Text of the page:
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Unmanned Aircraft Systems in Remote Sensing and Scientific Research: Classification and Considerations of Use
AbstractUnmanned Aircraft Systems (UAS) have evolved rapidly over the past decade driven primarily by military uses, and have begun finding application among civilian users for earth sensing reconnaissance and scientific data collection purposes. Among UAS, promising characteristics are long flight duration, improved mission safety, flight repeatability due to improving autopilots, and reduced operational costs when compared to manned aircraft. The potential advantages of an unmanned platform, however, depend on many factors, such as aircraft, sensor types, mission objectives, and the current UAS regulatory requirements for operations of the particular platform. The regulations concerning UAS operation are still in the early development stages and currently present significant barriers to entry for scientific users. In this article we describe a variety of platforms, as well as sensor capabilities, and identify advantages of each as relevant to the demands of users in the scientific research sector. We also briefly discuss the current state of regulations affecting UAS operations, with the purpose of informing the scientific community about this developing technology whose potential for revolutionizing natural science observations is similar to those transformations that GIS and GPS brought to the community two decades ago.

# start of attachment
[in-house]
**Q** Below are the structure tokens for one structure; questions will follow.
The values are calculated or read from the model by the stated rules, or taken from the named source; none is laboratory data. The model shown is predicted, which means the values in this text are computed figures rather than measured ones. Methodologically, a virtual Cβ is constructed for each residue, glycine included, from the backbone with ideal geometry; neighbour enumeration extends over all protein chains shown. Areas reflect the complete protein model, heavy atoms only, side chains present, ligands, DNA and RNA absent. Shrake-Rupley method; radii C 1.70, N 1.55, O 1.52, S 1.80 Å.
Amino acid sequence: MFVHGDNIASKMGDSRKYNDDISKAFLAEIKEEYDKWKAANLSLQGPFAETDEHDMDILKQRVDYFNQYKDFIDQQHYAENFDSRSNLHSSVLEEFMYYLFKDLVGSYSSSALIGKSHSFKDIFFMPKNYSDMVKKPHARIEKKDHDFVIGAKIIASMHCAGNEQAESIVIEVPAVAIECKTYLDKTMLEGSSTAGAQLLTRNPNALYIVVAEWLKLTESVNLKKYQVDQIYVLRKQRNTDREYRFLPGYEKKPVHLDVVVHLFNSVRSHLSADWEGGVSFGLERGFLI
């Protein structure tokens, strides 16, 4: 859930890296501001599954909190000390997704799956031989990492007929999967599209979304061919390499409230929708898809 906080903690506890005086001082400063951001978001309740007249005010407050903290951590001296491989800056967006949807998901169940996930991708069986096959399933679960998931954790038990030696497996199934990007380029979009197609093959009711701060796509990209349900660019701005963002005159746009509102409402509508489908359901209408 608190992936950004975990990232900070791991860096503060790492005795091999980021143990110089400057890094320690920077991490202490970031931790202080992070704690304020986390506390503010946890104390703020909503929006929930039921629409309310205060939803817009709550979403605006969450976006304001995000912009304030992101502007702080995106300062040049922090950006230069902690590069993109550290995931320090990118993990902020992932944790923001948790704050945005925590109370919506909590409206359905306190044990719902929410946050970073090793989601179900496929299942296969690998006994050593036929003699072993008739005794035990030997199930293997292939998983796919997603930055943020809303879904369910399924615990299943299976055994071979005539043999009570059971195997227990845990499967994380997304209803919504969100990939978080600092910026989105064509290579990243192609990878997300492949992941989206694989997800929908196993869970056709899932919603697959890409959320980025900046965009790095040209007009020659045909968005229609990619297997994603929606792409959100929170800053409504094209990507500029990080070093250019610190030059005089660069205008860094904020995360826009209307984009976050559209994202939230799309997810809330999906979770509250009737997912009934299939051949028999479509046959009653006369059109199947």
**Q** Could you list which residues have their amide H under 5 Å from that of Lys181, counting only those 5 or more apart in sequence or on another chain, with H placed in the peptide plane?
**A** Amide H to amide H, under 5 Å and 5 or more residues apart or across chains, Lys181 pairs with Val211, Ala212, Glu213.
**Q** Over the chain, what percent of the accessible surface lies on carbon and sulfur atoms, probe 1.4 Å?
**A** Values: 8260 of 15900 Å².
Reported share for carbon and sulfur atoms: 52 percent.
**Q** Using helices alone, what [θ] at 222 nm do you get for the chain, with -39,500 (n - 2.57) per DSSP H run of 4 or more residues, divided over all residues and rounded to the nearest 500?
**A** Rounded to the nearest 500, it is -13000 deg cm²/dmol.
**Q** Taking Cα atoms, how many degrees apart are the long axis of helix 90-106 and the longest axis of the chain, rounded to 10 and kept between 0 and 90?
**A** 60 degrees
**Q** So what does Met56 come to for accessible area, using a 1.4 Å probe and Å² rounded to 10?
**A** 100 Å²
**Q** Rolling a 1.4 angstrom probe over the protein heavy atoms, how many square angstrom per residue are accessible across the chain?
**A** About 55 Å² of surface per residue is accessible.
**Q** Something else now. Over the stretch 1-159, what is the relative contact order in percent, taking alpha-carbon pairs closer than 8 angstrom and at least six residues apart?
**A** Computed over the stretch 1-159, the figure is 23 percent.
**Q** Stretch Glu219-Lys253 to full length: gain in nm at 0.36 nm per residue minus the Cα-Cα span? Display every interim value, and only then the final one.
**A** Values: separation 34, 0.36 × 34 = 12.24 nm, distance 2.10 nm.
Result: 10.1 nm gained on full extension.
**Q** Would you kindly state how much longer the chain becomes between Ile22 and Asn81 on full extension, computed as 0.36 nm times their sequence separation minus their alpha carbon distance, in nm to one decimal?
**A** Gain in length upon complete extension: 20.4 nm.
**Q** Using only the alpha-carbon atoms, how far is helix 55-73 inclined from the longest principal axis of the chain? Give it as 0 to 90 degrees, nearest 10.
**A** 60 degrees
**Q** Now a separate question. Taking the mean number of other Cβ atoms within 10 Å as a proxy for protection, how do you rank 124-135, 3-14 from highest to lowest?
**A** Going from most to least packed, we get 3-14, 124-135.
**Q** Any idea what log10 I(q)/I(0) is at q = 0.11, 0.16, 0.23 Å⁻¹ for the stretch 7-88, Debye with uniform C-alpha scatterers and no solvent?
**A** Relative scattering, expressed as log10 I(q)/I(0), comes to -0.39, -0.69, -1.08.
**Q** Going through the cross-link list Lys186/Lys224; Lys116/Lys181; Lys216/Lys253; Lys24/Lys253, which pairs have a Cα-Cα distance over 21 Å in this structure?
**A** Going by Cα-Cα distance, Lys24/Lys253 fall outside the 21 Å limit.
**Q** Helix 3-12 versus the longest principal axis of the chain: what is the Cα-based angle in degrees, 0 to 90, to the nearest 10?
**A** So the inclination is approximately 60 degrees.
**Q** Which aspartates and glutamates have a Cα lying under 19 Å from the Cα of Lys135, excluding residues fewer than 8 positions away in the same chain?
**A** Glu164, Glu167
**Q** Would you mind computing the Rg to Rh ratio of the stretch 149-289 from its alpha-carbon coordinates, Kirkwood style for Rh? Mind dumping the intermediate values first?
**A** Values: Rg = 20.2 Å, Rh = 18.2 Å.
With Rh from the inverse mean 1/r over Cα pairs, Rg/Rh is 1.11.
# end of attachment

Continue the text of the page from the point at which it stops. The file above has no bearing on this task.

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Watts, A.C.; Ambrosia, V.G.; Hinkley, E.A. Unmanned Aircraft Systems in Remote Sensing and Scientific Research: Classification and Considerations of Use. Remote Sens. 2012, 4, 1671-1692.View more citation formats
Watts AC, Ambrosia VG, Hinkley EA. Unmanned Aircraft Systems in Remote Sensing and Scientific Research: Classification and Considerations of Use. Remote Sensing. 2012; 4(6):1671-1692.Chicago/Turabian Style
Watts, Adam C.; Ambrosia, Vincent G.; Hinkley, Everett A. 2012. "Unmanned Aircraft Systems in Remote Sensing and Scientific Research: Classification and Considerations of Use." Remote Sens. 4, no. 6: 1671-1692.
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